A roundup of the most talked about political and global stories in the Jewish world this week:
President Obama spent two days in Israel last week. So how'd it go? "Of course there is only so much Obama can do. He can’t make Netanyahu negotiate peace, nor can he make Palestinians accept one. But as much as he could do with a speech, Obama did today. He probably wishes he gave it a long time ago," said Jonathan Chait at New York Magazine. "Will Mr. Obama also take the risks that will be needed to be a credible mediator and nudge the parties forward?" asked a New York Times editorial. "If Obama uses this trip as a first step of many in a concerted effort to persuade, to push, yes, to risk political capital in the name of a peace process, then this will have been, for all its limits, a signal moment," wrote David Remnick in The New Yorker. Stay tuned.
Remember that 2010 raid of a Turkish ship? Israeli Prime Minister Benjamin Netanyahu apologized this week to Turkish leader Recep Erdogan for the "operational mistakes of the Israeli military," what's seen as the first steps toward mending fences between the two nations. "Whether or not there was direct involvement by President Obama to broker the apology is not clear, but there was certainly involvement by American officials, probably the State Department. Normalization of relations is in everyone's interest, including the US as relevant decisions regarding Syria are made. None of them will be easy, but both Turkey and Israel will play a major role," said Karl Gotthardt at Digital Journal. Not so fast, said Barry Rubin on his blog: "Perhaps these seeming word games and niceties are beyond the interest or comprehension of many people, but everyone involved directly on this issue knows exactly what is happening. Erdogan knows very well that this was not a Turkish victory—except in public relations-- though Israel won’t object to letting it be claimed as such."
Philosopher Bernard-Henri Levy was barred from visiting Libya last week because he is Jewish, according to reports. He was supposed to join French leader Nicolas Sarkozy on a visit in Tripoli, but was denied. "This is a depressingly familiar narrative that liberal Jews never seem to learn from no matter how often it repeats itself," wrote Daniel Greenfield at Front Page Mag. Levy is known to be in favor of the rebel forces whose revolution led to the rise to power of Libyan Prime Minister Ali Zeidan. His banishment came as a surprise to many.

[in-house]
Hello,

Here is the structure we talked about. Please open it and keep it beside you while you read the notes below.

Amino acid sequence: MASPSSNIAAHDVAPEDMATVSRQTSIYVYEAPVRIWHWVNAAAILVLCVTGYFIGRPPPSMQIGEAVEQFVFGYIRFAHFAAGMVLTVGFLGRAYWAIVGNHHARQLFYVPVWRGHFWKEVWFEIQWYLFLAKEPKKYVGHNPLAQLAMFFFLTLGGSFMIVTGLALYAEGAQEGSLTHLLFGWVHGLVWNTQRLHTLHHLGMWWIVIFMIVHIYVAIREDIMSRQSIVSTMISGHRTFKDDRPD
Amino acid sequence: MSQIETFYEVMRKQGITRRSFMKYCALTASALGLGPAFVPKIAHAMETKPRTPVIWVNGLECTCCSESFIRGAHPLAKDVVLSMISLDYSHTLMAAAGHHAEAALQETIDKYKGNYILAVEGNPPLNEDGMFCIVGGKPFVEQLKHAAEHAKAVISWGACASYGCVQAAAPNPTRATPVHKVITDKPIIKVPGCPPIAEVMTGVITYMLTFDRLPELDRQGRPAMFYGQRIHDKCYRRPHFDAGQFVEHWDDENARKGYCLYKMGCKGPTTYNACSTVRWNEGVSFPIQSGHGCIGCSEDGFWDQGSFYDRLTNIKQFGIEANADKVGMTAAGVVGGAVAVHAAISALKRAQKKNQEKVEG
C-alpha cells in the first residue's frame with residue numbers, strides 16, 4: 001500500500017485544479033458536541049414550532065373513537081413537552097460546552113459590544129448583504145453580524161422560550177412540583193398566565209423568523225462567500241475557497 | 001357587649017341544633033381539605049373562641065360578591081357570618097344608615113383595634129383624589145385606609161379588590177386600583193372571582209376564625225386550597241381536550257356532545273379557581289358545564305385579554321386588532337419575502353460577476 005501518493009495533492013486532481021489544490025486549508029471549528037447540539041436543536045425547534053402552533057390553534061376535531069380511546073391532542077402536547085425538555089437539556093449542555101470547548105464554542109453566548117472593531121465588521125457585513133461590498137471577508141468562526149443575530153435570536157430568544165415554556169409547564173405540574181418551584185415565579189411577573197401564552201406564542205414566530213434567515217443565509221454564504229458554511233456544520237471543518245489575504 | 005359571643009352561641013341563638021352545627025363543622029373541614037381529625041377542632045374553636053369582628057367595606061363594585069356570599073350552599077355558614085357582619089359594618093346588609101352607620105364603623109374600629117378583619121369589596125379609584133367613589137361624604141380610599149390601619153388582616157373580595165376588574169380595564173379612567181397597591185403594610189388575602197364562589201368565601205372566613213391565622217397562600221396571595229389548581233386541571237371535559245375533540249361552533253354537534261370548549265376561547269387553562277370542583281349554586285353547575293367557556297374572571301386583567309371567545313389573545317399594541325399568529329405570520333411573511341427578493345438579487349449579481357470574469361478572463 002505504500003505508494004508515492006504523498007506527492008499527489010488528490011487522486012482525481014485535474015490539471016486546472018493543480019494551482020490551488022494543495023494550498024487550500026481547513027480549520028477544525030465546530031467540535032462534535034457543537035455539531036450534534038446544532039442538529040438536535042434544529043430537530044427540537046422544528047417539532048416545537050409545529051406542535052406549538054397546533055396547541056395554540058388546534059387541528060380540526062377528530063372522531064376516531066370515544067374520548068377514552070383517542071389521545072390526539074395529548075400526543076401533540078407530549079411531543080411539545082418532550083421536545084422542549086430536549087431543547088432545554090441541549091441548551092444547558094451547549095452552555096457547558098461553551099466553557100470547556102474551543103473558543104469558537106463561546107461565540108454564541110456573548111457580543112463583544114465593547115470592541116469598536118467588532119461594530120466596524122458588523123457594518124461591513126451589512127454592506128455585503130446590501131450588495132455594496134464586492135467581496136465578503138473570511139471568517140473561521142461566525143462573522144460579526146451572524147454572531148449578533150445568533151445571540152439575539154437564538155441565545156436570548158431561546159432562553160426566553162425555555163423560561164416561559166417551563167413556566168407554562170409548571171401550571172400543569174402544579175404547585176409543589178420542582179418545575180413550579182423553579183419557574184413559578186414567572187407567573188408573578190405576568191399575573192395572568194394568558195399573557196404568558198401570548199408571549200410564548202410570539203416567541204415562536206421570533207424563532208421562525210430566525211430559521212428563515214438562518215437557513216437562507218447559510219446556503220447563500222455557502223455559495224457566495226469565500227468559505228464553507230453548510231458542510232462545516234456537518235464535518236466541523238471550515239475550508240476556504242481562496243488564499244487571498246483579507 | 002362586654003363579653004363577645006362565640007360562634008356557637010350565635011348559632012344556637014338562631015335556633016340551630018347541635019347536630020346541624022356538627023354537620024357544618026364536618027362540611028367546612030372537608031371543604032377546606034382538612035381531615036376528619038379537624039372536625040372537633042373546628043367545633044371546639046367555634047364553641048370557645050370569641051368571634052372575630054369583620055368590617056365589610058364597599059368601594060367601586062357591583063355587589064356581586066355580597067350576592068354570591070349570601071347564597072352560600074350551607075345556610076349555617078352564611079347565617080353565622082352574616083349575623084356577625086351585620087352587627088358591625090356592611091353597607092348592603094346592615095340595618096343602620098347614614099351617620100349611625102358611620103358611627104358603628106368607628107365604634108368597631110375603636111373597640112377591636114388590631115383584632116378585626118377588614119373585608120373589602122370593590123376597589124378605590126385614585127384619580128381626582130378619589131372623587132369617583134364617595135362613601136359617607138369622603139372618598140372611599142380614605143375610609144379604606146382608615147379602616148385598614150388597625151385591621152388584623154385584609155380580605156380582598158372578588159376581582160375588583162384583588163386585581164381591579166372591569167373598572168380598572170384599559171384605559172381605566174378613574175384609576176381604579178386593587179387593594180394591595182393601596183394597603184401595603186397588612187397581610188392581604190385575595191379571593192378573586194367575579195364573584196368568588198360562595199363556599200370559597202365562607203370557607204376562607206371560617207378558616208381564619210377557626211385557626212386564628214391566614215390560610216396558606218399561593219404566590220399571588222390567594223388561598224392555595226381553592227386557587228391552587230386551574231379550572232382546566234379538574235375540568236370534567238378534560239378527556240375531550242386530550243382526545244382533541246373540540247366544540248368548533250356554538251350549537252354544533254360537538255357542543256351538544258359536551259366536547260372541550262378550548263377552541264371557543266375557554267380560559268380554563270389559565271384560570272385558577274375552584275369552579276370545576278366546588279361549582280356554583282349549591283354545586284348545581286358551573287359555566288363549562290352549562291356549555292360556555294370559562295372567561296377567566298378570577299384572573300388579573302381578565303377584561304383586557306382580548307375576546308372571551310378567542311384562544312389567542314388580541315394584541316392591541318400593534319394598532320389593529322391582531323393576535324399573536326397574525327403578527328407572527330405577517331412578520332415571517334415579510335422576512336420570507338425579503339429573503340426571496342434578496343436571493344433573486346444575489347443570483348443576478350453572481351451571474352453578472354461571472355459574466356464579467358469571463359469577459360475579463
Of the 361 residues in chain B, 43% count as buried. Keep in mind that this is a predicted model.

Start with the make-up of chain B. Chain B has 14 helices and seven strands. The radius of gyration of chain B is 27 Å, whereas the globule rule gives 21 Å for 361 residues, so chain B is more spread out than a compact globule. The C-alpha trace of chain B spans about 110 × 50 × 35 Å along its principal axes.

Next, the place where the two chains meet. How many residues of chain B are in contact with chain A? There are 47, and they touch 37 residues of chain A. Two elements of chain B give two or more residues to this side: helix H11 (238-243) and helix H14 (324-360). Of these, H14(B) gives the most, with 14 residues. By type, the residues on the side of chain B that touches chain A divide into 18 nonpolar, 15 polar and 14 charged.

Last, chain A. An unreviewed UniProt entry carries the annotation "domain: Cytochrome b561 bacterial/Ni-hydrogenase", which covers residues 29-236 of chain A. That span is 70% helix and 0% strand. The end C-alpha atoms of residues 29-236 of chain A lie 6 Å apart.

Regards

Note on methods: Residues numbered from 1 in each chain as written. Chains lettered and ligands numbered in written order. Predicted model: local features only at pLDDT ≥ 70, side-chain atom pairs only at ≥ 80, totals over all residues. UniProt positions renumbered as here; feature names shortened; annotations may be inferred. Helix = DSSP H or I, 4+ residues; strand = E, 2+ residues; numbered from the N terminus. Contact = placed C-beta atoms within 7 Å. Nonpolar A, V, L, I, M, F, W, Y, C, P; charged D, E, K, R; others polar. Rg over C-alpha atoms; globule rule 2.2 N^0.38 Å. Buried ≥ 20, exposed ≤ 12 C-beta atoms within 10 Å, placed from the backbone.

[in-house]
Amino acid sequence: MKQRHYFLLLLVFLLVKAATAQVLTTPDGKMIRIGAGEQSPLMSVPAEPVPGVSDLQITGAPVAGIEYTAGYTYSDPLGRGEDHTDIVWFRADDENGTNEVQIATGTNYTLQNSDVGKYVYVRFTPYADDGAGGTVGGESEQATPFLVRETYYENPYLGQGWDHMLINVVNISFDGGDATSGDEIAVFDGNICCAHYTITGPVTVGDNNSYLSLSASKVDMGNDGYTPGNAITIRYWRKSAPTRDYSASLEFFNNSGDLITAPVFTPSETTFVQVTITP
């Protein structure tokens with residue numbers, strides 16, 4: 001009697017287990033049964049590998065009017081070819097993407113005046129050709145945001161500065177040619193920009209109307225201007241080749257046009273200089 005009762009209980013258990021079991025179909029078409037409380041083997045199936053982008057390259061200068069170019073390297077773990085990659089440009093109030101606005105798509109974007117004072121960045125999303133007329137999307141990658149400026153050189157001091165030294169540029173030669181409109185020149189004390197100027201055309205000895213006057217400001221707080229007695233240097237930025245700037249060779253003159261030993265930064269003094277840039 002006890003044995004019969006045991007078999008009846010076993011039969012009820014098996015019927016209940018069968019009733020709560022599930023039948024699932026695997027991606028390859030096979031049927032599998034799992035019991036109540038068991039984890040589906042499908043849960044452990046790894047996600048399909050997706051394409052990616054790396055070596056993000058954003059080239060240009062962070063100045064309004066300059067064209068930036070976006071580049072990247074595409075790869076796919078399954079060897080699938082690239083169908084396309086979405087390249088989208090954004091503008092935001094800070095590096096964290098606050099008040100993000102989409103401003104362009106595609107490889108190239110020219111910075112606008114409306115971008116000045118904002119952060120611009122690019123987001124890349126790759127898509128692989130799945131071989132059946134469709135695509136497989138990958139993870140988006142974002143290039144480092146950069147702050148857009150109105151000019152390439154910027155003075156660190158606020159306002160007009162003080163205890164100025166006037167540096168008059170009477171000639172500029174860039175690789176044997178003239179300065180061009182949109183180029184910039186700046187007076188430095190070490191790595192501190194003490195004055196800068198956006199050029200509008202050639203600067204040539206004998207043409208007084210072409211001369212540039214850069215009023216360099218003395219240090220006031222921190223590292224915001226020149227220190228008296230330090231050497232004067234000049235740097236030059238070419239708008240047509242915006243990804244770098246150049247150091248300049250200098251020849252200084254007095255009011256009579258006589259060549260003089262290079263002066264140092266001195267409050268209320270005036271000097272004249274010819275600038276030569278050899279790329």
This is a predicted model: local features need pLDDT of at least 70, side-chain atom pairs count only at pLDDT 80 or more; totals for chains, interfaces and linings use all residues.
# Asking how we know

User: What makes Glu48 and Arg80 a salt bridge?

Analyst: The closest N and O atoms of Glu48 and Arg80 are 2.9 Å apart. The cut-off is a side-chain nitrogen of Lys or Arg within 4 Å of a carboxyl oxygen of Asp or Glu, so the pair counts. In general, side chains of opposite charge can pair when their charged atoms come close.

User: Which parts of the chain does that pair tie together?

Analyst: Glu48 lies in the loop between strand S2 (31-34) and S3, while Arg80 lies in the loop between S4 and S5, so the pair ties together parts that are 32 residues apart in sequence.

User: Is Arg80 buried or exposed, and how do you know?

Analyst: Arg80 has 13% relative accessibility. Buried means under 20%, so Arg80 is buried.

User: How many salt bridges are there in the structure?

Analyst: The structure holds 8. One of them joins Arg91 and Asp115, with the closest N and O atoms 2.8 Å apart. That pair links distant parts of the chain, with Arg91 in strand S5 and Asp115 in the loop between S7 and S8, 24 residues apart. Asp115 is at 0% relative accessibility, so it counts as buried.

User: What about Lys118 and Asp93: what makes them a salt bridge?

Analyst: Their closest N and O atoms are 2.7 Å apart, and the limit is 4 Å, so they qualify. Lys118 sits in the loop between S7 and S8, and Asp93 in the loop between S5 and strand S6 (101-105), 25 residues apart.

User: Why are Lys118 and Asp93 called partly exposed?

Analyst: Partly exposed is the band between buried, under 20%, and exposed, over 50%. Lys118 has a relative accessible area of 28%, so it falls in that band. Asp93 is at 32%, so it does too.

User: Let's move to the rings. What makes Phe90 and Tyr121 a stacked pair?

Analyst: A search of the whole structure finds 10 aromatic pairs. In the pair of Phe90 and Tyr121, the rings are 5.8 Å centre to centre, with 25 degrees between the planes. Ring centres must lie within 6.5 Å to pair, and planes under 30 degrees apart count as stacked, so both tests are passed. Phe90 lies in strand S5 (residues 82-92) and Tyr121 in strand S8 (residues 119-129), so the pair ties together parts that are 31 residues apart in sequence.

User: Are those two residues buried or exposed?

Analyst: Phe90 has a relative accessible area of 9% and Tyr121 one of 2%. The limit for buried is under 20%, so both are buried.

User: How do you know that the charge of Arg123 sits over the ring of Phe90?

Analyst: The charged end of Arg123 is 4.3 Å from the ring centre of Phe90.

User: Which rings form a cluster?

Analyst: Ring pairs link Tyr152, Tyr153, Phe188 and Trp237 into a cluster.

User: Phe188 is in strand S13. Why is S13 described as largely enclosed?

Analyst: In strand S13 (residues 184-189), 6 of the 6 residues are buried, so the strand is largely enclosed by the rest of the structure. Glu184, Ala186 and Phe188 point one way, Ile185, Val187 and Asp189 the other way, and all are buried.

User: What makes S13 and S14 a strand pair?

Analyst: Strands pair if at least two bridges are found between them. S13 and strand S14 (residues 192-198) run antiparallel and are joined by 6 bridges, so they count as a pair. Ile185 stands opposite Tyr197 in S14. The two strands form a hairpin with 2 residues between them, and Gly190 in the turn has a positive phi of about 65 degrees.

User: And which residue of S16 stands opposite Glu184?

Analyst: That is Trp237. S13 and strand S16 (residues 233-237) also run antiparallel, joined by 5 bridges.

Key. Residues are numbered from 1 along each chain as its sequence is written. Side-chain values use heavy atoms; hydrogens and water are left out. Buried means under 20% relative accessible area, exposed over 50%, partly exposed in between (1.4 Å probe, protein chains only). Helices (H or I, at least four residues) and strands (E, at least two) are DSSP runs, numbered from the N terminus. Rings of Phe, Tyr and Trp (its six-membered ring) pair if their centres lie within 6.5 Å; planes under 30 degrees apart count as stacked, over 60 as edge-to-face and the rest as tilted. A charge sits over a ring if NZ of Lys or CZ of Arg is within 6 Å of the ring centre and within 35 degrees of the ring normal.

The Union of French Jewish Students (UEJF) announced that it is suing Twitter over its failure to live up to its end of the bargain after the #unbonjuif case. At the time, a French court ordered Twitter to monitor racist and anti-Semitic remarks and to coordinate with police when those remarks arise, but the suit claims that the social networking site hasn't done its part thus far. UEJF president, Jonathan Hayoun told AFP: "Twitter is playing the indifference card." Twitter stands by its first amendment rights in the U.S. "While Twitter does reserve the right to disclose user information when requested by law, the social media site has always been an advocate for the privacy of its users," said one report.
America's most endeared holiday is among us, so what's the message this go-around? “It is not about sacrifice. It is really is about the separation and being aware of what you are eating and thanking God for that animal,” said one woman quoted in The Washington Post. “For me , Passover is a time of freedom. You think about the journey — the Exodus was a huge journey. I think about the personal journey in my life. It is definitely a time you want to be with family.” Rabbi Lawrence Troster also focused on the intrernal journey in his Huffington Post article. "Preparing for Passover then is not only about removing the physical leaven from our homes but also about the spiritual of the law: The cleaning out of our homes should also be a cleansing of our spirits, a renewal to the meaning of our Exodus experience and the new Creation that is spring."